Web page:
Virginia’s Fairfax County Sheriff’s Office now prohibits the use of Tasers at its jail after a mentally ill inmate died after being shocked four times while being prepared for medical transport, WUSA 9 reports.
Natasha McKenna, 37, was shocked several times while she was restrained and stopped breathing, according to WUSA.
According to the report, the Sheriff’s Office released the following statement saying that use of Tasers have been suspended until a review has been completed:
In December of 2013, when Sheriff Stacey Kincaid first took office, she pledged to review all policies and procedures regarding the operations of the Sheriff’s Office. She has kept that promise, and a steady and comprehensive review and implementation of updates has been underway.
When an unusual event occurs, it is standard practice to review specific policy and procedures in reference to that event.
Due to the recent incident, we are focused on the Taser policy and, as you are now aware, have temporarily suspended the use of this device in the ADC pending completion of our review.
In an earlier report, WUSA 9 noted that the 130-pound woman was subject to four 50,000-volt shocks while she was fully restrained. McKenna was reportedly cooperative at first and put her hands through her cell door to be handcuffed of her own volition. However, she began to struggle once the restraints were put into place and shouted, “You promised you wouldn’t hurt me!”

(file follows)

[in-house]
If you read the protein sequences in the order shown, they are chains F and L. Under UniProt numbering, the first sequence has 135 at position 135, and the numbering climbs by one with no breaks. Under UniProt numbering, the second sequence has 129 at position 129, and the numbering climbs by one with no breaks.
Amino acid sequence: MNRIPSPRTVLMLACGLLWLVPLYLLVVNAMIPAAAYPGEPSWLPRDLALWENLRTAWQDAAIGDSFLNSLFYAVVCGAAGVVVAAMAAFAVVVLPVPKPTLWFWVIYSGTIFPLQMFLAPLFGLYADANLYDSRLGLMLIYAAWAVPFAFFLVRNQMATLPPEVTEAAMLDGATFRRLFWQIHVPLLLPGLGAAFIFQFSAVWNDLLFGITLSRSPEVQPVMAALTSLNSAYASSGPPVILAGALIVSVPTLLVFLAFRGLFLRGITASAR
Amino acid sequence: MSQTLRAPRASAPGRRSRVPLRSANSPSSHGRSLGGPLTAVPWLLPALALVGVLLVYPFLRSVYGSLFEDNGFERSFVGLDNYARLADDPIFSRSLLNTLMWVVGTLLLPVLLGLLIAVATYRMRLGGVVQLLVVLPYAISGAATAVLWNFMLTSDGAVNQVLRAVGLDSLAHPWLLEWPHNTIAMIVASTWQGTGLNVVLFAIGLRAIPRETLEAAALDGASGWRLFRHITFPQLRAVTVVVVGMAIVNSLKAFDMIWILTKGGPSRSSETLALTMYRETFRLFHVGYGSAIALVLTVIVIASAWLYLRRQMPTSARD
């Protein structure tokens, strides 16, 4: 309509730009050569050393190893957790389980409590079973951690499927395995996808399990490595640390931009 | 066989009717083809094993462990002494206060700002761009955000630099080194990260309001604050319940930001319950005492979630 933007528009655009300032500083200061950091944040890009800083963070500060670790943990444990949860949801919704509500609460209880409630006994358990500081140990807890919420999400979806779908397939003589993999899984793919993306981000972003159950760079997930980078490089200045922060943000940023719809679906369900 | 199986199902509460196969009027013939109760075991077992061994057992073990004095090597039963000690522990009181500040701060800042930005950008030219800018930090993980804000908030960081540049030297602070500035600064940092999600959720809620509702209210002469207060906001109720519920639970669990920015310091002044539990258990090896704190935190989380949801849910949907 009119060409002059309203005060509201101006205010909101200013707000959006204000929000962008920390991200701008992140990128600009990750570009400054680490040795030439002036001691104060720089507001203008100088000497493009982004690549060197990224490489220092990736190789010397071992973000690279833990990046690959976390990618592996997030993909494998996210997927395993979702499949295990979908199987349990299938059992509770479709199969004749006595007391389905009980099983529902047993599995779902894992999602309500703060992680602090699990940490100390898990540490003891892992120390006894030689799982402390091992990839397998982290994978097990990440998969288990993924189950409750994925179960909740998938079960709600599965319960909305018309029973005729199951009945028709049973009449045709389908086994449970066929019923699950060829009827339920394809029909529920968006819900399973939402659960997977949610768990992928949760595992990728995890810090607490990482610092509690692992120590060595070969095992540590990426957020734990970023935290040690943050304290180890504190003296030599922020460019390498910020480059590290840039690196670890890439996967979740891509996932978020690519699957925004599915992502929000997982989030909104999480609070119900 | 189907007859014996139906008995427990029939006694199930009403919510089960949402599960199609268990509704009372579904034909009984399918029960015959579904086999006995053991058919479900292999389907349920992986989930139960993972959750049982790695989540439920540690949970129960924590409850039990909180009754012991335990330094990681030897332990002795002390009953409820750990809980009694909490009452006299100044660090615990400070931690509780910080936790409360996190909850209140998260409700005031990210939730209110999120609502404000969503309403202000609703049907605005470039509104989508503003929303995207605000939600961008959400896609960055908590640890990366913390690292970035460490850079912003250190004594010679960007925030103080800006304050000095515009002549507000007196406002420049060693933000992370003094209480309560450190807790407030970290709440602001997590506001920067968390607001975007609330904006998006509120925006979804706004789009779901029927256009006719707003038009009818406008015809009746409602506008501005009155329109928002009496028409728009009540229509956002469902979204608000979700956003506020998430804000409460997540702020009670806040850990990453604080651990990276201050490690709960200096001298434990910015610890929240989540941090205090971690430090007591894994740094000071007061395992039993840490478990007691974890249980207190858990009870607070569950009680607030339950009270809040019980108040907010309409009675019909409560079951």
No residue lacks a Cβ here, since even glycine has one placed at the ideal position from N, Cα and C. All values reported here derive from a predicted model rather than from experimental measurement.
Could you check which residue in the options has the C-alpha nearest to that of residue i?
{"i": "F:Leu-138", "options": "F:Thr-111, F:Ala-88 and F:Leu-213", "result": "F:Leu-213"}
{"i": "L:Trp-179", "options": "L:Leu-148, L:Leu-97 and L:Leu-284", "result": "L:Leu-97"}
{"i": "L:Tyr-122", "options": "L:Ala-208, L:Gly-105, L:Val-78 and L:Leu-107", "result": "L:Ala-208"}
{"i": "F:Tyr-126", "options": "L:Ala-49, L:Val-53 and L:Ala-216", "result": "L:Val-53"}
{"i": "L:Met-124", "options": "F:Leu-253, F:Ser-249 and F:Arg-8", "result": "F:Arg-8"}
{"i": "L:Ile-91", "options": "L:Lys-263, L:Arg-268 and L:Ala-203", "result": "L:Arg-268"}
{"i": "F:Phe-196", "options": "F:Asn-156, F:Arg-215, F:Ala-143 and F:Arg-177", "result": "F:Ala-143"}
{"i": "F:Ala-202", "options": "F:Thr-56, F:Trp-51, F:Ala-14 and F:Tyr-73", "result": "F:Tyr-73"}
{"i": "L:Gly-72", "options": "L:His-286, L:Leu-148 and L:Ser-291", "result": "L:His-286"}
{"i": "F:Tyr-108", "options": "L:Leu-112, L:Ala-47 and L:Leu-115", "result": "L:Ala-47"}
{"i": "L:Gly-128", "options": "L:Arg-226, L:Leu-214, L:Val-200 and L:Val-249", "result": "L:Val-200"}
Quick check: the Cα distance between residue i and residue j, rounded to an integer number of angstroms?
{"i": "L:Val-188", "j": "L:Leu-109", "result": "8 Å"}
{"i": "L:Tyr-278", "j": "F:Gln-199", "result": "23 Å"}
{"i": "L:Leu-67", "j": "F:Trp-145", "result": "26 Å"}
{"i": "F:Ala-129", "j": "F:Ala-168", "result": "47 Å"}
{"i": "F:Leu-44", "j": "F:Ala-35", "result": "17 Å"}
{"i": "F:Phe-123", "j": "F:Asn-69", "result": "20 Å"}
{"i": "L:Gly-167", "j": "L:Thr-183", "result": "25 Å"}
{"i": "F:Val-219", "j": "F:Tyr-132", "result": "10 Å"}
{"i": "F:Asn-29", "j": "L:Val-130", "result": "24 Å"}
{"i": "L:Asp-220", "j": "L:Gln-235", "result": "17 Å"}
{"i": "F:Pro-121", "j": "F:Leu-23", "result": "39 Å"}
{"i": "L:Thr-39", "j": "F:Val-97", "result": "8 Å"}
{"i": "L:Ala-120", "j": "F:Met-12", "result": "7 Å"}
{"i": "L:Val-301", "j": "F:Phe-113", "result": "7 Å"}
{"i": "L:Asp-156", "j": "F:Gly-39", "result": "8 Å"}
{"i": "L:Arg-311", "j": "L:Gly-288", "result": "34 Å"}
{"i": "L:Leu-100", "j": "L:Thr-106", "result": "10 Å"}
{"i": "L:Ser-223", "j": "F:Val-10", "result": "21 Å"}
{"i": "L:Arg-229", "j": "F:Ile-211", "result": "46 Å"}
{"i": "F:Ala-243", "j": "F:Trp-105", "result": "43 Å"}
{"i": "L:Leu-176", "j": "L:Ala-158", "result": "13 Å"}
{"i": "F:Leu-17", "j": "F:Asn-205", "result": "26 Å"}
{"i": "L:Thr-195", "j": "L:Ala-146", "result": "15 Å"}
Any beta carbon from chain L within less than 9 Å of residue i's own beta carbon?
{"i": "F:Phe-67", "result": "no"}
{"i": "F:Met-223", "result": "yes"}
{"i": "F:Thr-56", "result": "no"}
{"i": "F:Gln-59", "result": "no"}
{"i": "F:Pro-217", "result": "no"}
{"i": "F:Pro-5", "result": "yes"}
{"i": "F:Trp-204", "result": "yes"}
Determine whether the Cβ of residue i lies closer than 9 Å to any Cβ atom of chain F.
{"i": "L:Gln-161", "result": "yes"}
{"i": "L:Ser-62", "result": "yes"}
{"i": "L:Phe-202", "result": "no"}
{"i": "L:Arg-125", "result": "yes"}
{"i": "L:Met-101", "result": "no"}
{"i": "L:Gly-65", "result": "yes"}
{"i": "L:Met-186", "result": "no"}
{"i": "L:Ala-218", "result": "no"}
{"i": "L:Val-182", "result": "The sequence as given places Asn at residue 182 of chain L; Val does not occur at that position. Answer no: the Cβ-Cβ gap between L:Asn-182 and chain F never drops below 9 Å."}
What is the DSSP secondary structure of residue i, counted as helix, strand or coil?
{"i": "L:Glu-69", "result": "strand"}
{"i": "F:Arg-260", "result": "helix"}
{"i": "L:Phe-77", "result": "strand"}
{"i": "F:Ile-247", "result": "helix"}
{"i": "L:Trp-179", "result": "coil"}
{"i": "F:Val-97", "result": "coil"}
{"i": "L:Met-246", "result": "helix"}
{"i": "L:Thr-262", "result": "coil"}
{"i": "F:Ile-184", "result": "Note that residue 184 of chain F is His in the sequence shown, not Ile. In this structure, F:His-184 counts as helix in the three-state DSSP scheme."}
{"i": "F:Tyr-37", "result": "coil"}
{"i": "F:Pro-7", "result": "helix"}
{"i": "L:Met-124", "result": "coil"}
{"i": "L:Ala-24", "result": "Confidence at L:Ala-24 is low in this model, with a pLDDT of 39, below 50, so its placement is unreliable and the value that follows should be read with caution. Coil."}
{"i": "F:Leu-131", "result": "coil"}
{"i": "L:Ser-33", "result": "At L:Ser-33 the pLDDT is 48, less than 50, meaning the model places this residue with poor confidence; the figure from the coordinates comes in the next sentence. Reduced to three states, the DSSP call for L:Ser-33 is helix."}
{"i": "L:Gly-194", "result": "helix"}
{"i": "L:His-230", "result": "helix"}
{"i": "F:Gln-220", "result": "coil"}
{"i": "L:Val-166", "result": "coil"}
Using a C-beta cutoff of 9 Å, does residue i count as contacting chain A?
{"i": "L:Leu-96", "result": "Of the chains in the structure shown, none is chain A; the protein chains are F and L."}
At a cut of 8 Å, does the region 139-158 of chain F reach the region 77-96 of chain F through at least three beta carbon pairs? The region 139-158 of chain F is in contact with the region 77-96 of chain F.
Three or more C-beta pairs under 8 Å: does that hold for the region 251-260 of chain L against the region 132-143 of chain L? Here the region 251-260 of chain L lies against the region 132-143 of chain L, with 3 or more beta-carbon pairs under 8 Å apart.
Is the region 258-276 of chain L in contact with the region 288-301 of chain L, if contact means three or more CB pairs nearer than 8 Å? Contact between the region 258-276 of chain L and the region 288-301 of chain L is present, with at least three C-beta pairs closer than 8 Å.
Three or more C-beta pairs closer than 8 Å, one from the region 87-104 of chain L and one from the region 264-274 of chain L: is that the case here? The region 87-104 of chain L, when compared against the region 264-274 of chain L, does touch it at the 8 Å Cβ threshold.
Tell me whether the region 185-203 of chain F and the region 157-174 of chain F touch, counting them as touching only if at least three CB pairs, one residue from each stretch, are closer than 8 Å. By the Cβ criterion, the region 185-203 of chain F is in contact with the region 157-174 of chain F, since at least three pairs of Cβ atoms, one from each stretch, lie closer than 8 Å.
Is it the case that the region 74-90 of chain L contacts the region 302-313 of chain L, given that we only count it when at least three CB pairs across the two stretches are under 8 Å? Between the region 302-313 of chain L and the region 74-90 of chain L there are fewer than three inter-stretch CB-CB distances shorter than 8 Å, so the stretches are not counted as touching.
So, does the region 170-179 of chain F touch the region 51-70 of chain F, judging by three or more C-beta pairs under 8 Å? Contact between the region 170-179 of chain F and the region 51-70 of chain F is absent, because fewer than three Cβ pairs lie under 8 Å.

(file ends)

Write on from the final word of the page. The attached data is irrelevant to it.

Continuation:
At that point, the news station reported, six officers from the Sheriff’s Emergency Response Team arrived in full biohazard gear, complete with gas masks, to force the inmate to comply.
McKenna’s hands were cuffed behind her back and her feet were shackled and her face covered so that she wouldn’t bite or spit. When she refused to bend her knees to sit in a restraint chair, a lieutenant used the Taser, according to the news station.
According to WUSA 9, McKenna’s heart stopped and she later died at a hospital.
McKenna had been diagnosed with schizophrenia at the age of 12. The news station notes that she was arrested in February under an outstanding warrant on charges of assaulting a police officer in Alexandria, Va. Fairfax County Sheriff Stacey Kincaid said that because Alexandria was where the warrant was issued, McKenna needed to be transported there, and the Sheriff’s Office decided to transfer the woman because Alexandria police refused to come for her.
“There’s really no excuse not to come and get her,” National Alliance on Mental Illness’ Ron Honberg told the news station earlier. “But really, what there’s no excuse for is that she was in jail when she should have been in a hospital.”
Kincaid had said that because it was not a physical medical problem, it was not possible to take McKenna to the hospital, according to WUSA 9.